ComSoc SCV Oct 14th meeting: Intel’s Vision for the Future of Wireless Communications + supporting articles/ commentary


Wednesday October 14th, 2009, 6:00 – 8:00PM


National Semiconductor, Building E, Conference Room, 2900 Semiconductor Dr, Santa Clara, CA 95051

Intel’s Vision for the Future of Wireless Communications 
Siavash Alamouti, CTO, Intel’s Mobile Wireless Group
Siavash Alamouti is an Intel Fellow in the Mobility Group and Chief Technology Officer for the Mobile Wireless Group of Intel.  In this role, he is responsible for all wireless standards with a product roadmap at Intel.  This includes the WiMAX Forum, IEEE 802.16, 3GPP, OMA, WiFi Alliance, IEEE 802.11,etc.  He is also known as the technical champion of WiMAX technology at Intel.

Alamouti is recognized by the IEEE Communications Society as the author of one of the best 57 papers in the last 50 years of the Society’s history.  He is most well known for the invention of "the Alamouti code" which is included in a number of wireless standards.  Siavash holds over 20 patents in the areas of wireless communications and wireless systems design.  He has authored many publications and technical reports in the last decade for the IEEE Communications Society and other organizations that have reached professional audiences both nationally and internationally.

In addition to standards, Intel’s Mobile Wireless Group undertakes research projects that are targeted at investigating new applications and use models enable by wireless technologies.  One example is My WiFi -which enables high speed peer-to-peer communications between devices using WiFi and future technologies such as WiGig (an industry study group that is likely to be proposed to IEEE 802.11) that promises to provide multi Gbps wireless communications using 60 GHz unlicensed band.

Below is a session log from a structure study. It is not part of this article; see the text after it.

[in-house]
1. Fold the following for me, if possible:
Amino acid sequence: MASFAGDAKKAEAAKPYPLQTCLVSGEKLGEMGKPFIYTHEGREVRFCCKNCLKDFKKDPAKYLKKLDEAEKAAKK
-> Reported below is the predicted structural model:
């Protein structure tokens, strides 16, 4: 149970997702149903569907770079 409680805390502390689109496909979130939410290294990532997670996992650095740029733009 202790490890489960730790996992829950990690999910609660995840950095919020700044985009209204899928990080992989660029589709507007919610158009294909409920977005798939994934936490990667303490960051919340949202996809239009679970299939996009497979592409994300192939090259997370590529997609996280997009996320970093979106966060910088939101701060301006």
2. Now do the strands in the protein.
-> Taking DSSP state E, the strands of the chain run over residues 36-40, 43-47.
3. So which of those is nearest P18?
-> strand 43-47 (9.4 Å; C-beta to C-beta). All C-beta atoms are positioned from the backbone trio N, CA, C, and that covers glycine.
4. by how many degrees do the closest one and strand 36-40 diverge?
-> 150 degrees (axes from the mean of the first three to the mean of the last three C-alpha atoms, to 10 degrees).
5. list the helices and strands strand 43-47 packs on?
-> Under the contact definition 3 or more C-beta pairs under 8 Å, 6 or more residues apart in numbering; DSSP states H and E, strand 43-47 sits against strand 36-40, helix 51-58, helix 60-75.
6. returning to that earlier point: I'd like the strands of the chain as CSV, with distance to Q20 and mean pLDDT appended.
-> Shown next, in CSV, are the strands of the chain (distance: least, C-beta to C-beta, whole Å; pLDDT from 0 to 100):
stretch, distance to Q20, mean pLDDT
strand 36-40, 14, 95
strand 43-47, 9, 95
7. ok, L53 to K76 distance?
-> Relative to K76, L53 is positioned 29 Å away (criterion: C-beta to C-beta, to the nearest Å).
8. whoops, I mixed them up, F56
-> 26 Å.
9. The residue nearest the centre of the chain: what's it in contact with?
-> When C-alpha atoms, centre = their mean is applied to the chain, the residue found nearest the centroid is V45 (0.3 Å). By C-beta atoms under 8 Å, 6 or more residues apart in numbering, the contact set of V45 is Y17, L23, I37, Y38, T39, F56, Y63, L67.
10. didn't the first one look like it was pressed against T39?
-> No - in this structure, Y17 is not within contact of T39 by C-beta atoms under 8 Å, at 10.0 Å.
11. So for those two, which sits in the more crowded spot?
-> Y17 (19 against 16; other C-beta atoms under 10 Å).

Siavash Alamouti, CTO, Intel’s Mobile Wireless Group, will share his vision for wireless communications in the future and describe various ongoing research projects in wireless communications at Intel.  He will talk about the next generation Mobile WiMAX (also known as WiMAX 2.0) based on the emerging IEEE 802.16m standard and a candidate for IMT-Advanced, and will also discuss Intel’s vision for the evolution of WLAN and WPAN technologies.
2 interviews with Alamouti published at:
WiMAX Standards Update
The IEEE 802.16 Working Group met in its Session #63 the week of 31 August 2009 on Jeju, Korea. The IEEE 802.16 Session #63 Report summarizes the outcomes:

New article exposing the cracks in 3G networks- close to the breaking point?  iPhones Overload AT&T 3G Network
Please weigh in with your comments- either here or at the web site.  What do you think is the solution to the 3G conundrum?

Intel and Qualcomm Eye Each Other’s Terrain

PCs are evolving into tablet PCs and small laptops, essentially big smartphones that are always on, always connected to the Internet, with all-day battery life — in short, very much like a large iPhone or BlackBerry. Qualcomm calls these devices smartbooks because the design resembles a large smartphone.